By making HRDD mandatory it becomes a legal responsibility not only for management but also for boards. It becomes necessary for business enterprises to address and report on actual or potential risks to stakeholders, which in turn requires that it has effective systems in place to know and show that it does so. Where it is necessary to prioritize actions to address adverse human rights impacts, business enterprises should first seek to prevent and mitigate those that are most severe or where delayed response would make them irremediable. In response to mandatory HRDD boards may well wish to add members with relevant subject matter expertise and/or appoint a cross-sectional advisory body. Neither is a particular hardship or without precedent.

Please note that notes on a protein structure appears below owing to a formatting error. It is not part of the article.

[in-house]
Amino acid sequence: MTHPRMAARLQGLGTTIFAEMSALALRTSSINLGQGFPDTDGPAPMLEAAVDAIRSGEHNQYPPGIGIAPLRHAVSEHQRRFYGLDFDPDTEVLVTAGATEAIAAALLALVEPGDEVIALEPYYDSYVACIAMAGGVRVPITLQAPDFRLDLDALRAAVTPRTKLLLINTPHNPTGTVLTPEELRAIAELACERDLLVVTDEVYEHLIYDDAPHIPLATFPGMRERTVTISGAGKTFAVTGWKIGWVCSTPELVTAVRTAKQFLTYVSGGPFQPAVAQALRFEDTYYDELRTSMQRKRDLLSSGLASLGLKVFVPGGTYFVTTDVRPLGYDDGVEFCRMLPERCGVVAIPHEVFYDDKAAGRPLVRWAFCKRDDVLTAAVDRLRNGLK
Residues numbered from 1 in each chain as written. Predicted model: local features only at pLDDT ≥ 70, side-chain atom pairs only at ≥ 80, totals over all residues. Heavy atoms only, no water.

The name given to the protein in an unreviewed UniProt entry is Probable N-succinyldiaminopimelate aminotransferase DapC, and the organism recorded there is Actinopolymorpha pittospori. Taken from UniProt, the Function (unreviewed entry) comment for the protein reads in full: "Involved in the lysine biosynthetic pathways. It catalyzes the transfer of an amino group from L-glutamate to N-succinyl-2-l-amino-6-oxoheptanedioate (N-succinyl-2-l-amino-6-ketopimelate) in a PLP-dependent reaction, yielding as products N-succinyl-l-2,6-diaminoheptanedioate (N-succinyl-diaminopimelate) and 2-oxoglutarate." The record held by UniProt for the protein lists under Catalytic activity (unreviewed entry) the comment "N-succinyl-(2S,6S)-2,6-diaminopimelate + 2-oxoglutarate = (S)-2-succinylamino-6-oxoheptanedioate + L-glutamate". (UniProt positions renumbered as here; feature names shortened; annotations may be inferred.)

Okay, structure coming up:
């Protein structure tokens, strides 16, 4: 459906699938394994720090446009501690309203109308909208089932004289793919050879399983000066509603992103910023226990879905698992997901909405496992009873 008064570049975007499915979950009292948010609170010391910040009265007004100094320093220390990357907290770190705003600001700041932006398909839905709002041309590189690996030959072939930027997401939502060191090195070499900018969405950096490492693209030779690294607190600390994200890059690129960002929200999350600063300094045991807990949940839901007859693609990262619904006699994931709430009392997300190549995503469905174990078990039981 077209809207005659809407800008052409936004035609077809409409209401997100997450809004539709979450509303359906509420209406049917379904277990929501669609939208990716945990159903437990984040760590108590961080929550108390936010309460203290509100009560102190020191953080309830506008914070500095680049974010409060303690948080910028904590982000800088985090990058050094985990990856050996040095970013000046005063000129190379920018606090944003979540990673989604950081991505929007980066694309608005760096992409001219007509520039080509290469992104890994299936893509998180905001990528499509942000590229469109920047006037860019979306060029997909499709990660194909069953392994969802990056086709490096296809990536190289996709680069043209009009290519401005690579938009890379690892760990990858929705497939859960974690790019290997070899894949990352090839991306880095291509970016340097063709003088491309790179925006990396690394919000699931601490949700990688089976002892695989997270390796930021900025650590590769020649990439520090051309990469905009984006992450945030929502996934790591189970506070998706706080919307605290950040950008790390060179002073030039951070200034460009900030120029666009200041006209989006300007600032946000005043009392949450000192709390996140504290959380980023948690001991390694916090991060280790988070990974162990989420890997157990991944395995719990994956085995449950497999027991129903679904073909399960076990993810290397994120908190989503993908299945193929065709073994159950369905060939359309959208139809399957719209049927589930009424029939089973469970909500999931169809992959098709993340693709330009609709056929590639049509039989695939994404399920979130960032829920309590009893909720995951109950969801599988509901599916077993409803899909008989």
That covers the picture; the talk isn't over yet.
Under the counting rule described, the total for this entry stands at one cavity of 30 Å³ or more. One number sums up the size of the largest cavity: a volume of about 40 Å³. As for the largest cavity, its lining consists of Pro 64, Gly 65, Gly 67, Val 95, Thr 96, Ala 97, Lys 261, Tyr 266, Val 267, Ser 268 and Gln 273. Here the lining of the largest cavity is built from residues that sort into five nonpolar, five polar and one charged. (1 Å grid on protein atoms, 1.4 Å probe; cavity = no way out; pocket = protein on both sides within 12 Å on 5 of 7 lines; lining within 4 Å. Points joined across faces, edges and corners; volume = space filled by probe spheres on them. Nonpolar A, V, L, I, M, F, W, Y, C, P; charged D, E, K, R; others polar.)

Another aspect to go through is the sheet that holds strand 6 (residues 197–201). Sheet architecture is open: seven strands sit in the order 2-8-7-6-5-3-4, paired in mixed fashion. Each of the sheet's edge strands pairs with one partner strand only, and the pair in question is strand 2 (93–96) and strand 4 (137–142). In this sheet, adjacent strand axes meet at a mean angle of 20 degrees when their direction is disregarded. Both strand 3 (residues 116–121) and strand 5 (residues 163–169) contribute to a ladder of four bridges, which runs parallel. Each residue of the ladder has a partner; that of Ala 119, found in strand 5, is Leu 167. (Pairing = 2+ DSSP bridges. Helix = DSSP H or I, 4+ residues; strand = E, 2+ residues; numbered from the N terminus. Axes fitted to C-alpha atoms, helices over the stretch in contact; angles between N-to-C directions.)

Finally, these developments are reinforced by the remarkable rise in ESG investing, in which most of the “S” themes in fact are human rights issues or close cousins: workplace standards, employee relations, non-discrimination and diversity, customer and community relations, responsible R&D, privacy rights, and other such matters. The pandemic has drawn particular attention to precarious work and social and economic inequalities—the result, in good part, of business practices that externalize risks onto vulnerable workers and communities, enabled by inadequate protection of their rights by states.

In sum, this model of mandatory HRDD creates a system of multi-fiduciary obligations by taking the business enterprise to situationally relevant stakeholders and incorporating the learnings from that engagement into its compliance system—contributing, thereby, to the advent of the new paradigm.

The complete paper is available here.